In recent years, institutional scholarship has shifted from a focus on homogeneity and isomorphism ( Deephouse, 1996 ; Slack & Hinings, 1994 ) to understanding heterogeneity in organizational responses to institutional change ( Greenwood, Raynard, Kodeih, Micelotta, & Lounsbury, 2011 ; Pache
Kathryn L. Heinze and Di Lu
Landy Di Lu and Kathryn L. Heinze
organizational implications of sport policy change, however, scholarly understanding of the institutionally situated activities and tactics of those involved is lacking. Institutional change is often driven by institutional entrepreneurs or actors who mobilize resources and skills to create, justify, and
Jonathan Robertson, Ryan Storr, Andrew Bakos and Danny O’Brien
intersection of gender and sexuality, we positioned institutional change as a contextual and multidimensional phenomenon that may be disruptive in one dimension while maintained in others. Our overall premise was to understand how institutional entrepreneurs bring about social change in a sport that
Calvin Nite and Marvin Washington
institutional work of important actors within the field and how the concerted actions of schools on the one hand and the NCAA on the other eventually led to institutional change. In this regard, the NCAA was slow to evolve its practices and chose (wrongly) to satiate the majority of its membership. It chose to
Benjamin D. Brewer
The rediscovery in the past three years of the widespread and highly organized use of performance-enhancing drugs—known as “doping”—in professional cycling has thrown the sport into a period of turmoil. Through a critical historical analysis, the article argues that profound institutional changes introduced into professional cycling by the sport’s governing body both facilitated and reflected the increasing commercial penetration of the sport. These institutional transformations put new pressures on team managers and racers, leading to significant changes in team organizations and rider preparation, in part fostering a new social organization of doping practices.
Ann MacPhail and Therese Hartley
The purpose of this study is to explore the extent to which beginning and experienced teachers differed in their perceptions of shaping school forces and their being shaped by school forces. The findings allow the authors to examine the link between teacher socialization research and practice in a physical education teacher education (PETE) program and to consider the practical (and institutional) changes that may improve the quality of teacher education. Six beginning physical education teachers (BTs) (in their first year of teaching) and six experienced physical education teachers (ETs) (who had been teaching for six years) took part in interviews and completed prompt sheets throughout the duration of a school year. The paper discusses ways in which one PETE program has attempted to use, and plans for future use of, BTs’ and ETs’ accounts of socialization to inform how best to prepare PSTs for the reality of teaching in schools.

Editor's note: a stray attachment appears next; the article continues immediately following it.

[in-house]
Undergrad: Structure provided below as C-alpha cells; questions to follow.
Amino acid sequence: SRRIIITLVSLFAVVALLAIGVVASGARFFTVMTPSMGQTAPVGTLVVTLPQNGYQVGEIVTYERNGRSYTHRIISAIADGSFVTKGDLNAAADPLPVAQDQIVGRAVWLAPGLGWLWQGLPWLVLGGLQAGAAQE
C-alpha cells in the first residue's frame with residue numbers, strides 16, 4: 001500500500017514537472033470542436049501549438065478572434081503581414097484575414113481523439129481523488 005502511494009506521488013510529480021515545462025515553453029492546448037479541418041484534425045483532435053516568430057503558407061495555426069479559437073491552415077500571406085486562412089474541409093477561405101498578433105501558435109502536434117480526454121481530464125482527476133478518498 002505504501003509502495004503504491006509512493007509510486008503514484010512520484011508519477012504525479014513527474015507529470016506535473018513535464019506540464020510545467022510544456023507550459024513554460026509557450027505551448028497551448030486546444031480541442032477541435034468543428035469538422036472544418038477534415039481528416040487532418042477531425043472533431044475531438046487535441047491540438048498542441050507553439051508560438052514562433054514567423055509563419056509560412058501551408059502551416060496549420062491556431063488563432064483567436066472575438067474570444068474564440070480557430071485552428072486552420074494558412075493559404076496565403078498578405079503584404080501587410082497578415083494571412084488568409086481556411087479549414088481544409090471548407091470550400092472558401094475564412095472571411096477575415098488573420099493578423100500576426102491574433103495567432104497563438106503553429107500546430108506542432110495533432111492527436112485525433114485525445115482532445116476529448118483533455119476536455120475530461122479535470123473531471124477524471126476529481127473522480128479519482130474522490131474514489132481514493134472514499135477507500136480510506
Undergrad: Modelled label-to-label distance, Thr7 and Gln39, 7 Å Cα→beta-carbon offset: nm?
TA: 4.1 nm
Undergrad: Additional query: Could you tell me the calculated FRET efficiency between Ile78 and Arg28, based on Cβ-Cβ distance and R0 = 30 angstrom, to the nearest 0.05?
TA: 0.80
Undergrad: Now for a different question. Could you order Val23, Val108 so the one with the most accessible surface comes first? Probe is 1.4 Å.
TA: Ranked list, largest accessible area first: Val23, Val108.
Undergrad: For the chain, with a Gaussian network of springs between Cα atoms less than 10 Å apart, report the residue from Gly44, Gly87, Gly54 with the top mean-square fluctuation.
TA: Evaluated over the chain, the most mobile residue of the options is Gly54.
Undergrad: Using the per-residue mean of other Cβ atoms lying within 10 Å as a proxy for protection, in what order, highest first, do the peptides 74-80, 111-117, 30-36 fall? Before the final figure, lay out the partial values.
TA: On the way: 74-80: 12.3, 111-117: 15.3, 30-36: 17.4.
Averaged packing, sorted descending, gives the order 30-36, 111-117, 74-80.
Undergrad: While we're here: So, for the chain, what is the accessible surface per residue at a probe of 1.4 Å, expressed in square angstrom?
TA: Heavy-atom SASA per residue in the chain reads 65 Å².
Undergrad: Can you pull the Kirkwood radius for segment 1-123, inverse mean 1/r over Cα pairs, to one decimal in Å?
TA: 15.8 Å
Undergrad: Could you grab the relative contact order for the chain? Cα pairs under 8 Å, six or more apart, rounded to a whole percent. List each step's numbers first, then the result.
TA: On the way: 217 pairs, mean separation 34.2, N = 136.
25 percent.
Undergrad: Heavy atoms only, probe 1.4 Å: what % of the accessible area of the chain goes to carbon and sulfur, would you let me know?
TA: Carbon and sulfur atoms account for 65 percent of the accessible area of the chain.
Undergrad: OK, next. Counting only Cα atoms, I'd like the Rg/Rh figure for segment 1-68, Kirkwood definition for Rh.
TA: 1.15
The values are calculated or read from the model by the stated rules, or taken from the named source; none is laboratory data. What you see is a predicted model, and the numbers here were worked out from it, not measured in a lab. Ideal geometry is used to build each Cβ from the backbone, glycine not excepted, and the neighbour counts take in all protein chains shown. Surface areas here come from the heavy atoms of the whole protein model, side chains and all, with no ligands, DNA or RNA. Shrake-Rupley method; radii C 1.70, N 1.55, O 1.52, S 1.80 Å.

Marvin Washington and Marc J. Ventresca
The prominence of collegiate athletics in amateur athletics is a historically specific outcome. Research in institutional theory is extended by developing an institutional-conflict-based approach to studying institutional changes of U.S. collegiate athletics. Available secondary sources and extensive original data demonstrate how the NCAA came to dominate the governance structure of U.S. amateur basketball. Discourse about the NCAA came to represent the dominant discourse in amateur basketball, and colleges and universities eliminated the noncolleges and nonuniversities from their play schedules. The NCAA developed a set of institutional strategies aimed at increasing its power in U.S. basketball. An institutional-conflict-based approach is useful for analyzing changes in the institutional structure of sports and demonstrates how governance systems and institutional conflicts impact organizational actions. Sport policy makers and managers should consider the historical context and institutional environment of their sport when making decisions.
Sarah Leberman and Farah Palmer
Mothers’ voices are often silent in leisure and sport literature. This research used domain theory (Layder, 1997, 2006) to highlight the varied social domains that influence the experiences of nine women as mothers and sport leaders in New Zealand. Semistructured interviews were conducted and analyzed for themes using Hyper-RESEARCH. The findings suggest that potential constraints regarding sport leadership included guilt, exhaustion and stress, social disapproval and organizational resistance to the presence of children in sport settings. These women negotiate these potential constraints and manage their multiple identities with passion for sport and leadership, strong support networks, and specific integrating/compartmentalizing strategies to create work-family-leisure balance. The participants accentuated the mutual benefits of motherhood and sport leadership for themselves and for those they influence, while focusing on changes they can bring about at the personal and interpersonal level. Organizational and institutional change was less forthcoming, but a critical mass of mothers in some sport settings was slowly creating a desire for change.
.2017-0044 jsm.2017-0044 Effects of Brand Congruity and Game Difficulty on Gamers’ Response to Advertising in Sport Video Games Yongjin Hwang * Khalid Ballouli * Kevin So * Bob Heere * 1 09 2017 1 09 2017 31 5 480 496 10.1123/jsm.2017-0022 jsm.2017-0022 Shifting Responses to Institutional Change
Landy Di Lu and Kathryn L. Heinze
Institutional factors can play a key role in the adoption of new approaches among sport organizations ( Slack & Hinings, 1992 , 1994 ; Washington & Ventresca, 2004 ). Studies of institutional change in sport examine professionalization and formalization in amateur sport organizations ( Amis